"to change some registered items, a company shall apply for registration of modification with the original company registration authority. Where the registration of change had not been approved, a company shall not presumptuously change any of the registered items."

Article 25 provides that:

"a company which changes its name should apply for registration of change within 20 days from the date of making the resolution or decision on change."

If P City __ Biochemical Company wanted to change its name, it should have applied to the local registration authority. Only with approval by the authority, could the name of this company be changed. The [Seller] and the [Buyer] had not presented relevant evidence on this point, and in light of the evidence examined in the court hearing, it is apparent that P City __ Company had many differences from the P City __ Biochemical Company [Seller] in shareholders and capital structure; therefore, it was obvious that P City __ Company and P City __ Biochemical Company (the [Seller] in the contract of 5 March 1996) are two different legal entities. In view of these facts, the Arbitration Tribunal holds that the P City __ Company did not "change" into the P City __ Biochemical Company, the [Seller]. In other words, in terms of regulations of the law and facts, the obligee's rights and obligor's obligations of P City __ Company were not taken over by the P City __ Biochemical Company, the [Seller], and the commission of US $6,000 should not be paid by P City __ Biochemical Company, the [Seller].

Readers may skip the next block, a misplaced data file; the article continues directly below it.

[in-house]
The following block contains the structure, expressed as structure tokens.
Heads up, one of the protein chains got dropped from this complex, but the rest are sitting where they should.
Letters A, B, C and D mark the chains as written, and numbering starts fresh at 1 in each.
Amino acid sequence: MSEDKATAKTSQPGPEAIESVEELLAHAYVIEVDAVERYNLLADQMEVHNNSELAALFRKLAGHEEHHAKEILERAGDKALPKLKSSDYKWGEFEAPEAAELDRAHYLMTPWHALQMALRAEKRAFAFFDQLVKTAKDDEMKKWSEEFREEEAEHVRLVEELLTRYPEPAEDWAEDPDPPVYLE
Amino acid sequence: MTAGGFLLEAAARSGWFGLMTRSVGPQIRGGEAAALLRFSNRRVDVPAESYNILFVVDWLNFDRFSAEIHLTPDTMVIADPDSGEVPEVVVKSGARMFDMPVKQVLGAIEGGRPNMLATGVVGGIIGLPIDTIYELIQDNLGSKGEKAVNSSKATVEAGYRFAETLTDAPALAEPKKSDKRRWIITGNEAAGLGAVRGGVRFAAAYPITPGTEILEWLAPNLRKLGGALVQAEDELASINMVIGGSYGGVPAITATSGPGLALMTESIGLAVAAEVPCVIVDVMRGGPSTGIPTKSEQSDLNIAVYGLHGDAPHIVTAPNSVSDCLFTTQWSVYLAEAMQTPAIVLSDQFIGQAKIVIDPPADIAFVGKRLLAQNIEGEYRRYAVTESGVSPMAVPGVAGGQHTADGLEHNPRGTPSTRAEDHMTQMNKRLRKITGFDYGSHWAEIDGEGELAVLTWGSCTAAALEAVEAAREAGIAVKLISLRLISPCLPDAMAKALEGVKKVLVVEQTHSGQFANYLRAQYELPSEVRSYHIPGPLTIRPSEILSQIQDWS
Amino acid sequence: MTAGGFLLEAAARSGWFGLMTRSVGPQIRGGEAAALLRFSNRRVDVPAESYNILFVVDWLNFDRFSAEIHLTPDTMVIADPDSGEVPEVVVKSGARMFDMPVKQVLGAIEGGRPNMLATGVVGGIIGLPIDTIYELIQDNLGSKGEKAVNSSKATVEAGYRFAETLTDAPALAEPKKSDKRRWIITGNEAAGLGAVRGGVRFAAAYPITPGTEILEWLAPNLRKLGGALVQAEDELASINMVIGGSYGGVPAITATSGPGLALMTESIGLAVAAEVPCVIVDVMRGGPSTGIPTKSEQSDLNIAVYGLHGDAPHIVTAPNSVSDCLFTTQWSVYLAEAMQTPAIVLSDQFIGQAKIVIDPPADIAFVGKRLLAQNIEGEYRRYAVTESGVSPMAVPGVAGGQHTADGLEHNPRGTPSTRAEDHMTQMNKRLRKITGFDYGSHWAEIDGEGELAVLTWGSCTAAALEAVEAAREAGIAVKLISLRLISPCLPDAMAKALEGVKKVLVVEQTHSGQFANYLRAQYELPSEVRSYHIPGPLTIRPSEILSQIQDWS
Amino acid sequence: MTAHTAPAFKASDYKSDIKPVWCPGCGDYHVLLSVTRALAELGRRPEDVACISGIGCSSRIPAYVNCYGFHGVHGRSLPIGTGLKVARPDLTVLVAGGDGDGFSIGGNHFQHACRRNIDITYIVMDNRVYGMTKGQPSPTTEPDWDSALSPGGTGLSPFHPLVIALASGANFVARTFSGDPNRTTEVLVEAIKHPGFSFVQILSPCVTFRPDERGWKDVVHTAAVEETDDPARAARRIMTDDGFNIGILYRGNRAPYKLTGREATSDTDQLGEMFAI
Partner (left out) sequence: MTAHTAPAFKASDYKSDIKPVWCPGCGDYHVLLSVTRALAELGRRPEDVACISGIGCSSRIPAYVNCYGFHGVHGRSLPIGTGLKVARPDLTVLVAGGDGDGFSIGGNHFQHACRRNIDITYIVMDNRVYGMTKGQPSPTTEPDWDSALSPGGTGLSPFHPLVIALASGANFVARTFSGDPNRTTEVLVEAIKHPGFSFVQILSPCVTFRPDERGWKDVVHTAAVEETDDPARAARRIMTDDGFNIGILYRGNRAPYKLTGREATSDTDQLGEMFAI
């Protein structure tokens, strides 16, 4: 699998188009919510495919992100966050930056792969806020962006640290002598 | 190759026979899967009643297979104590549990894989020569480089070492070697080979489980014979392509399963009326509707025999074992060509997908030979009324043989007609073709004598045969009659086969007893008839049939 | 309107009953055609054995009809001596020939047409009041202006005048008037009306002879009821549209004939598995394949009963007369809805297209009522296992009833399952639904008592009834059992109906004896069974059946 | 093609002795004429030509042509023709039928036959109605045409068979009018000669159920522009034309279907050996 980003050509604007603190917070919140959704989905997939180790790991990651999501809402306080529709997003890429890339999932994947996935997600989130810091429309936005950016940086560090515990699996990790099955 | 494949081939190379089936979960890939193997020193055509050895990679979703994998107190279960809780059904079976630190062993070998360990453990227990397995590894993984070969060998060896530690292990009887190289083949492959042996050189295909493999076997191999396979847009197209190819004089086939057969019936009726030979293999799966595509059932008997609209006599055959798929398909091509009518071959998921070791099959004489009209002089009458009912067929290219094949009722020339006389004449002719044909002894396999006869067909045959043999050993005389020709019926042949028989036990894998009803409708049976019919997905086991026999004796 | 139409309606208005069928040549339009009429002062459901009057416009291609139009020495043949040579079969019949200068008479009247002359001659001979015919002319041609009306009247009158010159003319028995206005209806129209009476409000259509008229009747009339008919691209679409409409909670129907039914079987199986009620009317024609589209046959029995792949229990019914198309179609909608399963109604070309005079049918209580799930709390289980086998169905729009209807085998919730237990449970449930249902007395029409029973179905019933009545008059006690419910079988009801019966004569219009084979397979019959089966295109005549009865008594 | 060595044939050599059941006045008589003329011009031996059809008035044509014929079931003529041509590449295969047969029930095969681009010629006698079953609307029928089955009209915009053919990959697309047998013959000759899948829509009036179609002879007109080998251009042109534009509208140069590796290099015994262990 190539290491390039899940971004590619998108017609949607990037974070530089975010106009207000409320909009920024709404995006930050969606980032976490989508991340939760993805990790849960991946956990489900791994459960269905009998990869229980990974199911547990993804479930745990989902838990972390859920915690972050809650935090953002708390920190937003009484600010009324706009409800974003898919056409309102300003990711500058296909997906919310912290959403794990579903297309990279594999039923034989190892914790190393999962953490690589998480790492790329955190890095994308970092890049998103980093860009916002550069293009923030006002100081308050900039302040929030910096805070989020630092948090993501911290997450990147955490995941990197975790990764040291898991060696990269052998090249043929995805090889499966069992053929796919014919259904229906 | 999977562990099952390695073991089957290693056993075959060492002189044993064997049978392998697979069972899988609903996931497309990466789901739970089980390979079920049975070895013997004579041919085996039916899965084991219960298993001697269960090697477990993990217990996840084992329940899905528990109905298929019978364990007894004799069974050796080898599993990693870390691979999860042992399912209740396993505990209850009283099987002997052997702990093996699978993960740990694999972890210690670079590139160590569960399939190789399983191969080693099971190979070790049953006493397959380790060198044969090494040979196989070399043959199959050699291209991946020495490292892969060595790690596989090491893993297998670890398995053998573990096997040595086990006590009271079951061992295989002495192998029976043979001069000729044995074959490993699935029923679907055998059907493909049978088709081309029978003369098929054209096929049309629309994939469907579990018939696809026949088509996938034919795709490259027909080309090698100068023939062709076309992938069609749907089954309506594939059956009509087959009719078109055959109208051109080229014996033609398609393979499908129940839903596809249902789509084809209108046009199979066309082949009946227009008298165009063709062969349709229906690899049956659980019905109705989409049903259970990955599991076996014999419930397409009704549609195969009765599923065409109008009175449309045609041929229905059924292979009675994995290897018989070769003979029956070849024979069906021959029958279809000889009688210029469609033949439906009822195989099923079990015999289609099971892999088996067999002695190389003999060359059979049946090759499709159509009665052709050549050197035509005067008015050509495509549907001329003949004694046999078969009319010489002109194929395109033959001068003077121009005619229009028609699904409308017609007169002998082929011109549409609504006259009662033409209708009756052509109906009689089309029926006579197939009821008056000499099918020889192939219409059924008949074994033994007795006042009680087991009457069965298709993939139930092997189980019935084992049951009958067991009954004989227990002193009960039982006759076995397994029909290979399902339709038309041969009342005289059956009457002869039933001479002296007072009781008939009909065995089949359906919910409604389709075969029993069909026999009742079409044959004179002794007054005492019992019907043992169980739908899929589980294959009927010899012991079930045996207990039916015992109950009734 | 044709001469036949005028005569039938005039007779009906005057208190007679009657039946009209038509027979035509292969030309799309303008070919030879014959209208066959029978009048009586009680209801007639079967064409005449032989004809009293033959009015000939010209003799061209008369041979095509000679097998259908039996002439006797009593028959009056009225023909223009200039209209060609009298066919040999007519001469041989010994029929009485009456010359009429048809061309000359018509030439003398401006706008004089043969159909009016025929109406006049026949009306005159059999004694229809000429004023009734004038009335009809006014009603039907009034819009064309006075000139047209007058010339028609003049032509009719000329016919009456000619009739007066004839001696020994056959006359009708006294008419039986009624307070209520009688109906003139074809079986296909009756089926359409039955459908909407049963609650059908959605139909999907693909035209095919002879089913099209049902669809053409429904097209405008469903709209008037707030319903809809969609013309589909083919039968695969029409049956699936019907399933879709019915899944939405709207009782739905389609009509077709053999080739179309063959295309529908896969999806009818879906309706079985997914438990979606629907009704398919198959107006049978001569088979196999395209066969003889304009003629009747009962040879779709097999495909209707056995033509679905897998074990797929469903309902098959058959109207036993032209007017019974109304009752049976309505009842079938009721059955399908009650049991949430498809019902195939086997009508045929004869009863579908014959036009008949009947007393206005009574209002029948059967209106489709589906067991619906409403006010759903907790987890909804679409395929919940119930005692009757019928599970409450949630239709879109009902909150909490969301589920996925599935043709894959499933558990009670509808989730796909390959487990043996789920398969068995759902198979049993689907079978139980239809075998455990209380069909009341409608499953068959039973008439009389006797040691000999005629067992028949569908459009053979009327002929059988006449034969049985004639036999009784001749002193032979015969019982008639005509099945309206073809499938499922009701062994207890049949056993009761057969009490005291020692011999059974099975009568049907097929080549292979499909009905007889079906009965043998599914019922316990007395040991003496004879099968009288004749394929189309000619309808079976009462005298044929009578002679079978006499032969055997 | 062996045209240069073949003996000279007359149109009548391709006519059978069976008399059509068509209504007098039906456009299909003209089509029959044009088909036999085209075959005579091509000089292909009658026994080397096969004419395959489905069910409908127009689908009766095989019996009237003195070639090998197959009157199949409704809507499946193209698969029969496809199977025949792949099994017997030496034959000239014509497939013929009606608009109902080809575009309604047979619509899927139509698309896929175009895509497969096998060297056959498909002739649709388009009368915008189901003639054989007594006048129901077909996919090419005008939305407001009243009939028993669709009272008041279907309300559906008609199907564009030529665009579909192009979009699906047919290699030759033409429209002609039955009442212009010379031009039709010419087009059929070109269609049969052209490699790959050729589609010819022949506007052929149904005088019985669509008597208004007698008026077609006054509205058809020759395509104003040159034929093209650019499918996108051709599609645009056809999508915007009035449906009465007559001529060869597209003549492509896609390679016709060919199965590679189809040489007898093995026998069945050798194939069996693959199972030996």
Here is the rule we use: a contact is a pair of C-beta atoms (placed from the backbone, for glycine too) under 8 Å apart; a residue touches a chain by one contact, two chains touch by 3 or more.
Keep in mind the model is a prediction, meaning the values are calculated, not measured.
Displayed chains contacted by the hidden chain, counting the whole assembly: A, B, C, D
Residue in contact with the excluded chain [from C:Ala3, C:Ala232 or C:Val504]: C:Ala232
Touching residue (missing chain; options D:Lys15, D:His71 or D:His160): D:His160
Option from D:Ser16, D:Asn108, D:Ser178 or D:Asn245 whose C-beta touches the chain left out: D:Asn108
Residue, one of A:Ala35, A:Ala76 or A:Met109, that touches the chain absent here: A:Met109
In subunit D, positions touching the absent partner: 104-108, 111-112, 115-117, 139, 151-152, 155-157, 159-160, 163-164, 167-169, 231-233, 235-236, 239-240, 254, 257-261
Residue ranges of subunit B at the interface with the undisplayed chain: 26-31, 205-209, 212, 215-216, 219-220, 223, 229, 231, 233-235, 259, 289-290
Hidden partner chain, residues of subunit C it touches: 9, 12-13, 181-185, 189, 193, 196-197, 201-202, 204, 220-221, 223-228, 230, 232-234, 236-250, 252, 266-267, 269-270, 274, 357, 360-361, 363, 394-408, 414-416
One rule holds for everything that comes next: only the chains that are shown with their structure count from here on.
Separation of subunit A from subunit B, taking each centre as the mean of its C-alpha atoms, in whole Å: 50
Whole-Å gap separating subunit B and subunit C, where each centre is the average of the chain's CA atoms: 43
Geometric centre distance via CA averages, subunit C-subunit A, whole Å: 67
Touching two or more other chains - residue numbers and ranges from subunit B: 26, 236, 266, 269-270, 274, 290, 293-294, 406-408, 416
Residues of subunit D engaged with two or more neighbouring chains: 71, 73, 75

According to Article 52 of CISG, "the Buyer must pay the price for the goods and take delivery of them as required by the contract and this Convention." [Translator's note: Although the award refers to Article 52, it is obvious that Article 53 was intended.] The Arbitration Tribunal holds that, because the [Buyer] had accepted the 72 tons of goods under the Contract, the [Buyer] should pay the price to the [Seller], that is, the [Buyer] should pay the residual price of the goods of US $6,000 which had been deducted by [Buyer].

The Arbitration Tribunal noted, however, that the letter on "changing the name of the company" by the general manager of the [Seller], Mr. L, in fact gave the [Buyer] an inaccurate impression that the P City ___ Company was the P City __ Biochemical Company (the [Seller]), which led the [Buyer] to deducted the US $6,000 when balancing the price with the [Seller]. In addition, P City ___ Biochemical Manufactory, one shareholder of the [Seller], was once the shareholder of P City ___ Biochemical Company; therefore, the P City __ Biochemical Company should have known that P City ___ Company, with which the [Buyer] had obligee' rights, had been dissolved in August 1995, with its rights and obligations undertaken by P City ___ Biochemical Manufactory.